Llevada por la atmósfera fraternal y generosa del congreso, accedí, quizá precipitadamente y contagiada por el entusiasmo de aquel individuo tan llamativo, a dirigir su tesis doctoral sobre la artesanía macabra practicada por los monjes capuchinos. Pizska se lo había pedido en vano a algunos otros colegas, que no vieron la utilidad de tal estudio, ya muy trillado, y lo rechazaron con diversas excusas. Yo confiaba más en los jóvenes que la mayoría de mis compañeros. Al cabo de un día, las obsesiones de Pizska se me habían contagiado y ya hablaba —como él— de muertos momificados con quien se me pusiera por delante. Mientras tomábamos una copa en el vestíbulo del hotel con algunos colegas antes de retirarnos a descansar, mencioné la cripta de Via Véneto en Roma. Pocos de los circunstantes, en su mayoría historiadores del arte y estudiosos de tumbas blanqueadas, la conocían. Pizska la había visto en fotografías, pero no había estado allí. Le recomendé que la visitara cuanto antes e incluso que la estudiara. En ningún otro lugar iba a encontrar una ordenación tan rigurosa de arquitectura de huesos combinada con momias enteras expuestas al aire, cinchadas a los muros para mantenerse en pie.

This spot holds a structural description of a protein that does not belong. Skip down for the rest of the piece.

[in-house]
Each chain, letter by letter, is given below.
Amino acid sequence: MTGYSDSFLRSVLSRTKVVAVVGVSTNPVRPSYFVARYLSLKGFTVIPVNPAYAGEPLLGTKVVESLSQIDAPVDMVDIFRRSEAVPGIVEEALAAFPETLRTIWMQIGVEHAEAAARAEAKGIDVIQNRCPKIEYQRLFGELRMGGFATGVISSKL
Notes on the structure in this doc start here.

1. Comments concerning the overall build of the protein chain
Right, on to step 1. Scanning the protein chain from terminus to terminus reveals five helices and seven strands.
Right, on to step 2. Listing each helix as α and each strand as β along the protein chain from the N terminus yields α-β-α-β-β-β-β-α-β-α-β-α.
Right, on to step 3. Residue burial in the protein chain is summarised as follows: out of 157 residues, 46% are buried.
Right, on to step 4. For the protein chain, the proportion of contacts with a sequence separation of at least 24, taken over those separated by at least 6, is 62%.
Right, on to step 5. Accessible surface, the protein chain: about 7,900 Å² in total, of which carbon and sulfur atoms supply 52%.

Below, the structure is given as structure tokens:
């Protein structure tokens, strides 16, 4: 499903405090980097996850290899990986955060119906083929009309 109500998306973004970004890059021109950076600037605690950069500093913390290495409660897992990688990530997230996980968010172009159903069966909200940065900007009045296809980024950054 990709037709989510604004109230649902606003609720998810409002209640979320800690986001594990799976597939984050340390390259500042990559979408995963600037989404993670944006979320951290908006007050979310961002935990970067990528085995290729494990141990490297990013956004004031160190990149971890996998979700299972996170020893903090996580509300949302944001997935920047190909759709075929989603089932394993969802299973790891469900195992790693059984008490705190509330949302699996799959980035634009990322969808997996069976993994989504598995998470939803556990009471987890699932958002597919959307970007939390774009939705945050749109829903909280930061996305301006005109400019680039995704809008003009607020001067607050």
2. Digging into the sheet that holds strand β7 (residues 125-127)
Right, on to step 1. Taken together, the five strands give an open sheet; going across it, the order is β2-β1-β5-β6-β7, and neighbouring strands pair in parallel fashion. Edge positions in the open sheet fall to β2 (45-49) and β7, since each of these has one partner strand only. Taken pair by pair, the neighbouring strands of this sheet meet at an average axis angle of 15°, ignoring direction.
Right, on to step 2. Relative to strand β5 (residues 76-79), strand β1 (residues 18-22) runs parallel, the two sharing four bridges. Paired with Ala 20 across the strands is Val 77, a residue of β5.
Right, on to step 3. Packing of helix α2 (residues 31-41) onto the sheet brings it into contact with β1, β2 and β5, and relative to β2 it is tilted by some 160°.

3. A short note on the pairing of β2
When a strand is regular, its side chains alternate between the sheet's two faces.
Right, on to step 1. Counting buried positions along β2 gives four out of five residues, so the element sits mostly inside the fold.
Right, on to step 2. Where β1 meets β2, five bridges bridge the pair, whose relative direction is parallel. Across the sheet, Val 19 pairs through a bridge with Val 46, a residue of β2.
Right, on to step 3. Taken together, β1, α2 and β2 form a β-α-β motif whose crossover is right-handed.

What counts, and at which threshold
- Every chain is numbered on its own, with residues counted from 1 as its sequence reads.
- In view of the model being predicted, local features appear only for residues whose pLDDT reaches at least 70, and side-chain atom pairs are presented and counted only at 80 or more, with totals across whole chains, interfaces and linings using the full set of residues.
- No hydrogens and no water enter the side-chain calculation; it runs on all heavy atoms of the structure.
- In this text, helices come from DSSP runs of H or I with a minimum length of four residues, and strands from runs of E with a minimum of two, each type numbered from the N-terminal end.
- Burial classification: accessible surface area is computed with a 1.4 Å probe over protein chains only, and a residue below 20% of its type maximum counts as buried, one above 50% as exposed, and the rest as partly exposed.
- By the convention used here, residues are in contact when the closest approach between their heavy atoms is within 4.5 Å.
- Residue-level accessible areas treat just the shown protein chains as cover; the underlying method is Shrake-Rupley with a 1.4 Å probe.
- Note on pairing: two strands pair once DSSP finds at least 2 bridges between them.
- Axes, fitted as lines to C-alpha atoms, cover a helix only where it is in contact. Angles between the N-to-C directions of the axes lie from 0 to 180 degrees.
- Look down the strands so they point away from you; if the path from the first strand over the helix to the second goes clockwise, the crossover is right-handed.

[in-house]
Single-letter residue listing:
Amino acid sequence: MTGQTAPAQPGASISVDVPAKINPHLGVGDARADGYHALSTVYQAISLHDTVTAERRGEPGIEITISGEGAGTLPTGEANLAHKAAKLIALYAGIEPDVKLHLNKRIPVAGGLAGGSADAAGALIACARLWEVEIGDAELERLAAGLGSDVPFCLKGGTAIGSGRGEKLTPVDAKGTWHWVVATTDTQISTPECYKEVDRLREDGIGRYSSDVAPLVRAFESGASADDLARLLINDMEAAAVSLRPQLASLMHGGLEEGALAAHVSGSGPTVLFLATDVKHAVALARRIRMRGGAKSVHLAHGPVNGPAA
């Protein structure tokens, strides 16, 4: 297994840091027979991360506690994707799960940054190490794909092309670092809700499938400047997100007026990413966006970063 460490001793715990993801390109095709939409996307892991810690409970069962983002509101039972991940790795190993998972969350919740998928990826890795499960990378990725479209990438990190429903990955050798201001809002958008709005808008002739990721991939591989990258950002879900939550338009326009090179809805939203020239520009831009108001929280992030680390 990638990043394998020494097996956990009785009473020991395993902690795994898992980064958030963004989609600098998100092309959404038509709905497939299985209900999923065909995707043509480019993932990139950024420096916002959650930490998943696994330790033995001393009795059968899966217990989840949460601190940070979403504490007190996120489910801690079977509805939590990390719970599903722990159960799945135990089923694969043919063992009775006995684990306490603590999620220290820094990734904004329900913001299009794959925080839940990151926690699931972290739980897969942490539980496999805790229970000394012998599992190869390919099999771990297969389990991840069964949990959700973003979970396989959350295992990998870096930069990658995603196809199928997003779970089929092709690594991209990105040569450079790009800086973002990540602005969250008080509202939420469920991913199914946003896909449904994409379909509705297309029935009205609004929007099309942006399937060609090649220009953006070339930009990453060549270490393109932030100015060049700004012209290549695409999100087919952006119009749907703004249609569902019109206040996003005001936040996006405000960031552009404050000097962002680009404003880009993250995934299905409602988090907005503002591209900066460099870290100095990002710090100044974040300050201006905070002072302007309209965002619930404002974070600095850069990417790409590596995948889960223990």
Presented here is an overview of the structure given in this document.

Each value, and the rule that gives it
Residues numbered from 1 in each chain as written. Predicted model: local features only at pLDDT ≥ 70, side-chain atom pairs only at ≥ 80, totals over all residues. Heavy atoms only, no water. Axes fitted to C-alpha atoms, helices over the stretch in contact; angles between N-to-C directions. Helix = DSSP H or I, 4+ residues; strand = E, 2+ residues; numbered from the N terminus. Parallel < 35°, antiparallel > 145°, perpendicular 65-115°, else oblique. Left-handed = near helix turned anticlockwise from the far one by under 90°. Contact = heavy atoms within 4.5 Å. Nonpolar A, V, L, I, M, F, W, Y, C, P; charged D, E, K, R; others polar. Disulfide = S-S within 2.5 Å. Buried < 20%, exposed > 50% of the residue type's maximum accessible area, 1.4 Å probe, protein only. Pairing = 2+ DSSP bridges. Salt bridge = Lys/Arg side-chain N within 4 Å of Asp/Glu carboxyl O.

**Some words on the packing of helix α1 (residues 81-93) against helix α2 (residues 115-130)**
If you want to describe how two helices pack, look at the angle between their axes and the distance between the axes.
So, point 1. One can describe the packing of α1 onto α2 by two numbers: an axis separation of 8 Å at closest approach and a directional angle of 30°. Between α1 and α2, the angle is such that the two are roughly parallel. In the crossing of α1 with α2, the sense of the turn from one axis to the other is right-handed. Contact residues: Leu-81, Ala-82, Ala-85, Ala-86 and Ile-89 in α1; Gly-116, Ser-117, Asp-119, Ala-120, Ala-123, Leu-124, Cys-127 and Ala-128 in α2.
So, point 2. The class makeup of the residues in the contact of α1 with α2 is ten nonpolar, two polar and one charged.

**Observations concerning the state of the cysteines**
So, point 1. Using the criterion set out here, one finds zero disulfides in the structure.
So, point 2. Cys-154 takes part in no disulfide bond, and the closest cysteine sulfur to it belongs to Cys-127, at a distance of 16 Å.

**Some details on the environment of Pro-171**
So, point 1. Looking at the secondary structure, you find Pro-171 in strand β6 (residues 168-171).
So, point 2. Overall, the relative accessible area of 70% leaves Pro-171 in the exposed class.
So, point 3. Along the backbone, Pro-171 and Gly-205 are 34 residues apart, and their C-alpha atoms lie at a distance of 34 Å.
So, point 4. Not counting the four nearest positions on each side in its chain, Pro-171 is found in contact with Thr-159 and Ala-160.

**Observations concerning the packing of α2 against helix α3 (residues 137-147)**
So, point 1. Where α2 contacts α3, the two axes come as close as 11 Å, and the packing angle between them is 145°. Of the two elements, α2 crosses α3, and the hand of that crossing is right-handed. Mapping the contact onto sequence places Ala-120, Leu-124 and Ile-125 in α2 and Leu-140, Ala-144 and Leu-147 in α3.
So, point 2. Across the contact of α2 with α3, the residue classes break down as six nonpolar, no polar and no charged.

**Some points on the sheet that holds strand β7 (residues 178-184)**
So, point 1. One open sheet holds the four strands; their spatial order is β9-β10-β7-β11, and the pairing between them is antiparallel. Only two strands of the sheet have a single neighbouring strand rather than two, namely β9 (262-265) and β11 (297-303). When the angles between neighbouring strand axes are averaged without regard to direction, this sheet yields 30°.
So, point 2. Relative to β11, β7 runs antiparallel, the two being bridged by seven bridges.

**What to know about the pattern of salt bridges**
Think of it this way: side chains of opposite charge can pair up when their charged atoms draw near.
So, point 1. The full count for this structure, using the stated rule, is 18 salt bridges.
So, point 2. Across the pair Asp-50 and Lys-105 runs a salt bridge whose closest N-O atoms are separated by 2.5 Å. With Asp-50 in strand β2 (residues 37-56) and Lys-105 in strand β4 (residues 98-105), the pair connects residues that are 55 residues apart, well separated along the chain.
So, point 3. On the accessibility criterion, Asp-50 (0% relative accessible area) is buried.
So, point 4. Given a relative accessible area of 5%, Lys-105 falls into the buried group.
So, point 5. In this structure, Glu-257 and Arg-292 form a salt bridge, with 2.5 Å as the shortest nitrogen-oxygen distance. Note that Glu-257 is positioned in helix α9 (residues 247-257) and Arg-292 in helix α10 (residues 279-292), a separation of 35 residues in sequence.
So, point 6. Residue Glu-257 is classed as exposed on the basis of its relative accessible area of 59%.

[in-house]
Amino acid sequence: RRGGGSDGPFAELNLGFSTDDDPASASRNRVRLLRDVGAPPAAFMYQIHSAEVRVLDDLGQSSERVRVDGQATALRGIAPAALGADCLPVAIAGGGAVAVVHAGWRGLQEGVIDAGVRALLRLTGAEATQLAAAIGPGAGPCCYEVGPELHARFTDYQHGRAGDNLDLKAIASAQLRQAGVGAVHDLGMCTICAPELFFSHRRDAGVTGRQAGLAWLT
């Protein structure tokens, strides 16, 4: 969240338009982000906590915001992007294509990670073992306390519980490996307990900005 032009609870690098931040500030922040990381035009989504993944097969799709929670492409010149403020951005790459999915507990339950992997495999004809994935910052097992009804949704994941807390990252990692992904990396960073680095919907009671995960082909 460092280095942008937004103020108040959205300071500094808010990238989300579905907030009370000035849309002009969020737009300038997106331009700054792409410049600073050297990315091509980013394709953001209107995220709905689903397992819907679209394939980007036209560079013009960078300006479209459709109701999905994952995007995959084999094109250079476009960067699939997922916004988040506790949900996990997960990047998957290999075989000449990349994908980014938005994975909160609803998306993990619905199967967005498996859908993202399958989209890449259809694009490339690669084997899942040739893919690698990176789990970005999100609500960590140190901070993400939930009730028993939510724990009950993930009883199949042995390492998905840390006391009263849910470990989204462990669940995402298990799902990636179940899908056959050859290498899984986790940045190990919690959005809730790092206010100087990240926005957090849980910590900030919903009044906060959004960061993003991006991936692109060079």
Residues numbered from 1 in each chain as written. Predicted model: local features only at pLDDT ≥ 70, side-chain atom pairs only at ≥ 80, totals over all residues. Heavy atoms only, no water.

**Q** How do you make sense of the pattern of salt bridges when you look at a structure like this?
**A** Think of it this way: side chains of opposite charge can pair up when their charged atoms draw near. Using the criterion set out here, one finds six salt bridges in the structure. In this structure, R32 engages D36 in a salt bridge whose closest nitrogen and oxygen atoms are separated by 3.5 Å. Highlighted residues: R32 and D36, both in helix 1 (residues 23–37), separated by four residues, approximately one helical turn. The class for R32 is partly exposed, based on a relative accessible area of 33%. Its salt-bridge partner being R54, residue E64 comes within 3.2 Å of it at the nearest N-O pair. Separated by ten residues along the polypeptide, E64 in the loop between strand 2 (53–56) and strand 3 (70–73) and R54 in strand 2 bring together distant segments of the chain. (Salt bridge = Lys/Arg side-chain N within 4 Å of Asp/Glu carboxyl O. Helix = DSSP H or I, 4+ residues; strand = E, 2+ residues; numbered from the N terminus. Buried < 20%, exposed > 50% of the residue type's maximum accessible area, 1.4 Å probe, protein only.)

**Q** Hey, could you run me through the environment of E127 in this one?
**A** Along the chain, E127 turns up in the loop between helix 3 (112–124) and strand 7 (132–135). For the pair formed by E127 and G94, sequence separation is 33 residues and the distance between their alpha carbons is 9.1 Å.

Edgar Allan Poe: Morella

Edgar Allan Poe, Morella, Relatos de misterio, Tales of mystery, Relatos de terror, Horror stories, Short stories, Science fiction stories, Anthology of horror, Antología de terror, Anthology of mystery, Antología de misterio, Scary stories, Scary Tales, Salomé Guadalupe Ingelmo

Αυτο χαθ’ αυτο μεθ’ αυτου, μονο ειδες αιει ον.

Itself, by itself, solely, ONE everlasting, and single.

PLATO. Sympos.